Using Behavioural Management Strategies in Child Custody Cases
In the early years of a child’s life, behaviour management strategies can be the most effective way to ensure that problems do not develop into behavioural disorders in later years.
The primary aim of behaviour management strategies is to teach a child how to deal with the conflicts that come as part and parcel of everyday life. The strategies focus on teaching the child how to express feelings and thoughts in healthy ways so that they can be dealt with in a normal and acceptable manner.
Top 10 behaviour management strategies Video
This type of teaching is usually carried out through a structured curriculum which will include family therapy, parental guidance and involvement from the parents.
The most effective behaviour management strategies are those that have a structured approach and a high degree of support from the wider family.
Some strategies advocate positive reinforcement while others involve the use of punishment. Whilst some families have a mixture of positive and negative behaviour,
it is important that any child learns how to make appropriate decisions in response to stressful situations and how to accept and give appropriate responses to emotional challenges.
Without appropriate behaviour, the child can learn how to act like an unruly child who will only add to the stress of the family environment.
It is important for parents to work closely with the teacher who is responsible for their child’s education so that the teacher can be supportive and help the parents to identify any behavioural problems early.
In addition, the teacher needs to offer regular feedback to help parents learn to deal with behaviour issues, which may be difficult to change.
If the problem is not recognised and action taken, it is likely to become more difficult as the child grows and the problems become more ingrained. When a problem does not get resolved as expected, it is best to look at different types of behaviour management strategies including referral to local support services and other support services available locally.
The scope of behaviour management strategies is enormous. While it is not advisable to rely solely on these strategies to solve all behaviour issues, they are often used as a first line of defence when the child is facing problems.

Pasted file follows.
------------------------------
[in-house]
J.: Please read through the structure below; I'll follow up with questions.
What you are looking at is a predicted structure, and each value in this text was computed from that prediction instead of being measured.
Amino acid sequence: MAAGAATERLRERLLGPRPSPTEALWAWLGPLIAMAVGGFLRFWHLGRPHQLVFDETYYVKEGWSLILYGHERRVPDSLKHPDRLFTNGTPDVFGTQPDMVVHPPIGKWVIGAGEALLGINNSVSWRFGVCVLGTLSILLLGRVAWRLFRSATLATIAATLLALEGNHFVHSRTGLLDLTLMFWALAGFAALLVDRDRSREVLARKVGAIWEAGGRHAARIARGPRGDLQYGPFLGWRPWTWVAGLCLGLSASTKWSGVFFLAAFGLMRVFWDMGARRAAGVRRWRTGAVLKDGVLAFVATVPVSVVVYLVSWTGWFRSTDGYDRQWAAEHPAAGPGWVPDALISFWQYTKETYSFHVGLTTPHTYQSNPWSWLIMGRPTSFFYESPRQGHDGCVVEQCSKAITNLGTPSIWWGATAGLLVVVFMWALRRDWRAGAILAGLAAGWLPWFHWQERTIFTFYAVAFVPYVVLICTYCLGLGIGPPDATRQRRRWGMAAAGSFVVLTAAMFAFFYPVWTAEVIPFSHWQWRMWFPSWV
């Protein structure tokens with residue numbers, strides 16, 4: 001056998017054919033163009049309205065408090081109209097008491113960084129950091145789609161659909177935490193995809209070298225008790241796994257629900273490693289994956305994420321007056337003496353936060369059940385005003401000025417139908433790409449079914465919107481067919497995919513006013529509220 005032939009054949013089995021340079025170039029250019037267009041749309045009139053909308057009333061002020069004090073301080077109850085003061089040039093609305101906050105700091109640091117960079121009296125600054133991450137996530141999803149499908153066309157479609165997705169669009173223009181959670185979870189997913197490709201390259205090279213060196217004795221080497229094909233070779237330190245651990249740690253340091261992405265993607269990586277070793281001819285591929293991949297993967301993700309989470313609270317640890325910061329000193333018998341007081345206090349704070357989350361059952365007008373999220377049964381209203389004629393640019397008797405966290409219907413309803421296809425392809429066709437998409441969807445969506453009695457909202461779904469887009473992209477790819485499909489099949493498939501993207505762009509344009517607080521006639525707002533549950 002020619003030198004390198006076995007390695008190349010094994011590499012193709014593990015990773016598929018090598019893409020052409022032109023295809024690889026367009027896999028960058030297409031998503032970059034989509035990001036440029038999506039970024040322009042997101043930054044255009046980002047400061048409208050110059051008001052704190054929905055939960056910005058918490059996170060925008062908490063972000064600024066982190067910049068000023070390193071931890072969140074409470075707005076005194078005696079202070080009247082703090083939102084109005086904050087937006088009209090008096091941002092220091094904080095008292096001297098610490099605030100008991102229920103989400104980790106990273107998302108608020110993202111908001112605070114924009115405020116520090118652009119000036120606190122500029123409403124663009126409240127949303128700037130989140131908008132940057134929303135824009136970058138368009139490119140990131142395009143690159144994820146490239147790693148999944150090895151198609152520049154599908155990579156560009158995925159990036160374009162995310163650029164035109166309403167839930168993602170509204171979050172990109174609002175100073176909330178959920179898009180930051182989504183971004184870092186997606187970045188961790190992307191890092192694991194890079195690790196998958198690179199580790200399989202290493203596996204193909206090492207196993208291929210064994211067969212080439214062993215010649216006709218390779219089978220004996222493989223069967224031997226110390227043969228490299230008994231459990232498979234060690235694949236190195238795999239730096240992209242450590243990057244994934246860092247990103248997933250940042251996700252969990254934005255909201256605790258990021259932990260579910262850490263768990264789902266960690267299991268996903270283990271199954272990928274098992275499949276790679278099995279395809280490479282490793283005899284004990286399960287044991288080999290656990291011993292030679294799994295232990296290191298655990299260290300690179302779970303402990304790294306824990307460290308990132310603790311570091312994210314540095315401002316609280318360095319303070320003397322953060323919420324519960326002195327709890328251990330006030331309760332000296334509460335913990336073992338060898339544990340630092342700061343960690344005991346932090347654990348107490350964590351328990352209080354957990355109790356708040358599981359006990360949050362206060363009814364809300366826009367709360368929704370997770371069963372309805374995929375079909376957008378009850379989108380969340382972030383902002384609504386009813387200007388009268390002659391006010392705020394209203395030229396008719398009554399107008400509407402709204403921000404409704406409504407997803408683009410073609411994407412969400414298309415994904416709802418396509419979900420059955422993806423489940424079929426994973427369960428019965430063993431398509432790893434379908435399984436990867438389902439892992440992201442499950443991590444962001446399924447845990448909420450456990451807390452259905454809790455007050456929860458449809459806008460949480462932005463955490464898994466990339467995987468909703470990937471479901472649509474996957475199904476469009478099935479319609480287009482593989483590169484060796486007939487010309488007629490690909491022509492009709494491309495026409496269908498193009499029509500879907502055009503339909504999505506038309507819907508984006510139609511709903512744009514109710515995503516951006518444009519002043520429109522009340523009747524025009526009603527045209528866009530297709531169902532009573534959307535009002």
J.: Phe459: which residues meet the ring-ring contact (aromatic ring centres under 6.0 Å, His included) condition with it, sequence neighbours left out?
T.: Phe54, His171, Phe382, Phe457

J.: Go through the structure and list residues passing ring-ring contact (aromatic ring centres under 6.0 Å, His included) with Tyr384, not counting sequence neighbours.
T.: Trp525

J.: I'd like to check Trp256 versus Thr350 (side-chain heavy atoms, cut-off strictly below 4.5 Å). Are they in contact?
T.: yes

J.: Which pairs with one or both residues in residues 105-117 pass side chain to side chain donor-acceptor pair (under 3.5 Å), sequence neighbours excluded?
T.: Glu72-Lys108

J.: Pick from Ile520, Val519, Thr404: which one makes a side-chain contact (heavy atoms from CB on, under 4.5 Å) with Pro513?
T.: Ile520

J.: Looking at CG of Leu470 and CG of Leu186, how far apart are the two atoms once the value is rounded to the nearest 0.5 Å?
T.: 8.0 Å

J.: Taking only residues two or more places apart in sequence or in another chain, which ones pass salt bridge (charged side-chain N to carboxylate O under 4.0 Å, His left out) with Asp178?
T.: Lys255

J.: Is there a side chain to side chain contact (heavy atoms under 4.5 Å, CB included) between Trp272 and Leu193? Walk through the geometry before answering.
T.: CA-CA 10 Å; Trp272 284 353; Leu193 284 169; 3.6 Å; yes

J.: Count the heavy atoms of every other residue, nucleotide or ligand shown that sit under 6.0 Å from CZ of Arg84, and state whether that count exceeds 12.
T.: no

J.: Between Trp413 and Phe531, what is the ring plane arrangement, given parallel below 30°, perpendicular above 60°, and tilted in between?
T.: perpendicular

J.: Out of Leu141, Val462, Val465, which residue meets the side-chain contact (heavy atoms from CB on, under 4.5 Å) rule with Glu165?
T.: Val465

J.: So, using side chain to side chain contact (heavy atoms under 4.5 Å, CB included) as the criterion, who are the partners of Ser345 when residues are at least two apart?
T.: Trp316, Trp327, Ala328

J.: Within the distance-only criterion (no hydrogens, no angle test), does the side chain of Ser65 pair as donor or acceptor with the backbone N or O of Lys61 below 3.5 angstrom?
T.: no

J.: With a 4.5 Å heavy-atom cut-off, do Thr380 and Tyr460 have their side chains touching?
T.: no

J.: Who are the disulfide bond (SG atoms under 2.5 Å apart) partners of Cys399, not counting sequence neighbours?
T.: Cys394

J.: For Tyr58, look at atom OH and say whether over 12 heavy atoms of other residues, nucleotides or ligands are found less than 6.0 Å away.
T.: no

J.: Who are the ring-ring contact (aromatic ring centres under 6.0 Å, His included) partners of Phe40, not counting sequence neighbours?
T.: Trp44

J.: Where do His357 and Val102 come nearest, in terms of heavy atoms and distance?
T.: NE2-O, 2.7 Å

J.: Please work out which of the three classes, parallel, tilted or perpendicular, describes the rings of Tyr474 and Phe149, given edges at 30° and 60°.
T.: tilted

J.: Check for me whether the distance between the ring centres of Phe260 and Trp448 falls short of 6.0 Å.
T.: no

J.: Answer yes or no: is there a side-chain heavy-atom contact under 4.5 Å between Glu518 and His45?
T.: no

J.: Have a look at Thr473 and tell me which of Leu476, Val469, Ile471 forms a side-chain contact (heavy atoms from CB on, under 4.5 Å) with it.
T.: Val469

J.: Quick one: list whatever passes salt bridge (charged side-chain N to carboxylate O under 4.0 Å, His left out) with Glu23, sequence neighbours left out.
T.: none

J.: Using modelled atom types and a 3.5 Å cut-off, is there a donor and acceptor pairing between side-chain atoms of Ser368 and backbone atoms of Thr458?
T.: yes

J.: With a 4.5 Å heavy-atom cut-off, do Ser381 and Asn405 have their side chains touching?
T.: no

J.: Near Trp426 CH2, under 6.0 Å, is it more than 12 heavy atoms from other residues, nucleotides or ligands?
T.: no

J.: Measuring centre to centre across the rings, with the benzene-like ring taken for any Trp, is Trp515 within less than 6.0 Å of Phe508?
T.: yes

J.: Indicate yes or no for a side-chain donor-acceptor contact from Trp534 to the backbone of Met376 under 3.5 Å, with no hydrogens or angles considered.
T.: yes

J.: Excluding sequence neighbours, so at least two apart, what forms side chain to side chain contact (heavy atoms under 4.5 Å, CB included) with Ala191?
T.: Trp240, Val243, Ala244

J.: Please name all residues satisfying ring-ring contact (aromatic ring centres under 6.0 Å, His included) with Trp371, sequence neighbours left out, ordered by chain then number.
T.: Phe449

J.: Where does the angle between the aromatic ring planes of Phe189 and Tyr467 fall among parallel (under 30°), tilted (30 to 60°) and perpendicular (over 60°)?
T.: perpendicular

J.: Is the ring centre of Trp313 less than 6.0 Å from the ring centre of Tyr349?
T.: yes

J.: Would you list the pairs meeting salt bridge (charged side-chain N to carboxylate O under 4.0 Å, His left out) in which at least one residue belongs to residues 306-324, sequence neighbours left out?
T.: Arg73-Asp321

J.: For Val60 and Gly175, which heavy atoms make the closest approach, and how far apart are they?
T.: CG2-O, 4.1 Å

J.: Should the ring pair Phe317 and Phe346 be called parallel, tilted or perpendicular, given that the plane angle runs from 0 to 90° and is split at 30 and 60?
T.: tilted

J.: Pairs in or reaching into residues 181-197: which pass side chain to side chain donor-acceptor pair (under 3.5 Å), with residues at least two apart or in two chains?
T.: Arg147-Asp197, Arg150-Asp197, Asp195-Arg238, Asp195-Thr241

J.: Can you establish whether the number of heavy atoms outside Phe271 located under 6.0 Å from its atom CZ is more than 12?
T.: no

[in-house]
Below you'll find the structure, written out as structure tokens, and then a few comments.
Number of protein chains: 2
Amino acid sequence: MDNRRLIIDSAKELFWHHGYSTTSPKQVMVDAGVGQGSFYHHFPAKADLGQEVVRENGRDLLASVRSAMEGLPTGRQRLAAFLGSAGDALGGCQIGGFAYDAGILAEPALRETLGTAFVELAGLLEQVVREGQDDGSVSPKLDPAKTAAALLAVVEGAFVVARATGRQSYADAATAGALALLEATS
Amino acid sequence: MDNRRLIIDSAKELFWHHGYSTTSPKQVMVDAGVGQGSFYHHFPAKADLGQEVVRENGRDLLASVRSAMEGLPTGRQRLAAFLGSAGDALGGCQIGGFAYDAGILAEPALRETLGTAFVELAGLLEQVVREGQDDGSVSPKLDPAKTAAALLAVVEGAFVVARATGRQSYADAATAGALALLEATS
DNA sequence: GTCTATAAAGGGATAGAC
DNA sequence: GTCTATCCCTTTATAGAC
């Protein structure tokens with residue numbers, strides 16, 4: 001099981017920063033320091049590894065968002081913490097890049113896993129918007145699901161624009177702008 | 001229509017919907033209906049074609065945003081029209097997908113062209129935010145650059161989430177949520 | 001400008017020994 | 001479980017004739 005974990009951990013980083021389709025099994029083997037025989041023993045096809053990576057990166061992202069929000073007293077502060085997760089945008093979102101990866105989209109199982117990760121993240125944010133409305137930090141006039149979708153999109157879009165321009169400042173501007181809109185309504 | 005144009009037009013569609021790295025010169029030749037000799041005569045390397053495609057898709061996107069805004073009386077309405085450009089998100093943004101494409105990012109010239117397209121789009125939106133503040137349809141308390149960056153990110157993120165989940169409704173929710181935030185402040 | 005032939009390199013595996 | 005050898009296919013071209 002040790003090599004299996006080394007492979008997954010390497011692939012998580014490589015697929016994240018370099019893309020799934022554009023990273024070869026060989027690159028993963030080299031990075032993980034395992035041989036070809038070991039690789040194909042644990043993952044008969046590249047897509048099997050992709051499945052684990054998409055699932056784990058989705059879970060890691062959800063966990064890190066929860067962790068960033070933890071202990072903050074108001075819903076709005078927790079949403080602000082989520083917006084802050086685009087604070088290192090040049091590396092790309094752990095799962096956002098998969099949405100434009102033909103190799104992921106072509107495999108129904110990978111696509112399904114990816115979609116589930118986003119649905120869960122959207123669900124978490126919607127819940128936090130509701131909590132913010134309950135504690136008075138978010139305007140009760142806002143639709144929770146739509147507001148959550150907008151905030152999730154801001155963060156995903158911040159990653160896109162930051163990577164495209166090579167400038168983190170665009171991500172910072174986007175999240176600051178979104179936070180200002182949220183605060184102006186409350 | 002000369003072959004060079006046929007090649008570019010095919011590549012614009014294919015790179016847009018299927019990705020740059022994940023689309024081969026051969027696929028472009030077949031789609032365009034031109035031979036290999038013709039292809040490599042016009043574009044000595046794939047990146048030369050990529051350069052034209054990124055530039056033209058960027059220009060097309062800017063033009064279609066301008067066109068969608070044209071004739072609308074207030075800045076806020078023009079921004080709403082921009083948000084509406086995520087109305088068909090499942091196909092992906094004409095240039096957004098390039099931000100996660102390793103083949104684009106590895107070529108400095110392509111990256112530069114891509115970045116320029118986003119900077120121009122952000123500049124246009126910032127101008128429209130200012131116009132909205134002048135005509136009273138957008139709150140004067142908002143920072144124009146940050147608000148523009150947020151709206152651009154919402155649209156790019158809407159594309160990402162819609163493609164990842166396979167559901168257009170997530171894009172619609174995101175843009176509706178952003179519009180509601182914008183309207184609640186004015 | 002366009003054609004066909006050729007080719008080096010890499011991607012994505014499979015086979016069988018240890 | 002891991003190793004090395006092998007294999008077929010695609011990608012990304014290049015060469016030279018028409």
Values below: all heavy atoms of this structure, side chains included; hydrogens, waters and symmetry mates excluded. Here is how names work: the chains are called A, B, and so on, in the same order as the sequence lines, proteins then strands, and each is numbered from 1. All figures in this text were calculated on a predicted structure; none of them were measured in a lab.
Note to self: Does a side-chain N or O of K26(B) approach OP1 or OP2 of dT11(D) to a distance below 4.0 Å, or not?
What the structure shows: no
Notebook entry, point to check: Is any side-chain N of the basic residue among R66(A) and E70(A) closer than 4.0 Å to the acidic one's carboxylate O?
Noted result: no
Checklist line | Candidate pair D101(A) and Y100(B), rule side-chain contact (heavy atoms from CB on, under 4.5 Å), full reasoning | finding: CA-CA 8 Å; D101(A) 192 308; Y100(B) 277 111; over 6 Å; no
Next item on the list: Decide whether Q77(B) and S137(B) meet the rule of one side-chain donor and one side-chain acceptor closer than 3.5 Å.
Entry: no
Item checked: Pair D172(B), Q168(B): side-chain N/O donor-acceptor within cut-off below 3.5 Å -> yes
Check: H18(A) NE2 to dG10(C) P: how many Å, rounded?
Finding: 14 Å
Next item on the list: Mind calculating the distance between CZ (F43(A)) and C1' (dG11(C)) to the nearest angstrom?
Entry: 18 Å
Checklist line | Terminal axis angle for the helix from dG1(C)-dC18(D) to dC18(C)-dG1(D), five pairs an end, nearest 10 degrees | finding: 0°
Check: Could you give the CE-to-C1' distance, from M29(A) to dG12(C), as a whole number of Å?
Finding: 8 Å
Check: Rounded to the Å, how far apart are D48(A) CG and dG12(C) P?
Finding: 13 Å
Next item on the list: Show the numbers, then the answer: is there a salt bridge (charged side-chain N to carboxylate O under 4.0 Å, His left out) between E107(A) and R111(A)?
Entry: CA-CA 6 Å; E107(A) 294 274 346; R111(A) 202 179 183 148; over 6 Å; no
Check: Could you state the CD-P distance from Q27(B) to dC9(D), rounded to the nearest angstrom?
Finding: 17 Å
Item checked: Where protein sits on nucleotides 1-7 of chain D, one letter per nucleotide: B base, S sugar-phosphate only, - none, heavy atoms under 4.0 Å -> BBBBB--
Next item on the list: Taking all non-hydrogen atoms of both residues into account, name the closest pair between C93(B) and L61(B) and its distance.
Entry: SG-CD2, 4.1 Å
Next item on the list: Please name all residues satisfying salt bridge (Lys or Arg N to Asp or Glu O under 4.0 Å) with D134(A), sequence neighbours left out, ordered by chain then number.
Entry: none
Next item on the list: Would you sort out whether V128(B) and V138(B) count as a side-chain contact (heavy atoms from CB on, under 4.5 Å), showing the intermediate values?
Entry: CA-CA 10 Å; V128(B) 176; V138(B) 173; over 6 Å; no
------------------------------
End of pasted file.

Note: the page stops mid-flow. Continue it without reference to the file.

The strategies themselves are not all-inclusive and should not be used in isolation. Rather, they should be used in conjunction with other methods, such as parenting skills, positive reinforcement and even medication.
For instance, if a parent is using behaviour therapy, it may be necessary to complement the strategy with parenting skills training or even parenting education or other parenting techniques such as play therapy.
While it is good practice to think about using behaviour management strategies early on, it is equally important to consider the full range of strategies available.
The strategies are not set in stone and as the child grows and develops skills and attitudes, the strategies can change to fit those needs. As the child develops and moves through different situations and encounters, the strategies will need to be altered as well.
This process of continuous change is necessary in a world where new situations arise all the time, and where the consequences of poor behaviour often warrant an effective response.
Some other issues to consider include how a child learns to behave and what types of behaviour management strategies will best suit your specific needs.
Often, a parent’s initial approach towards behaviour problems can be counter-productive, as this can create resistance to treatment and can make the problem worse.
If a child is struggling in certain areas of their development, you may need to seek additional support, especially if this is a consistent issue throughout the child’s life.
Parental support is also important when considering behaviour management strategies, as it can help parents identify where the support has been most effective and can provide ideas for other parents who are experiencing behaviour challenges as well.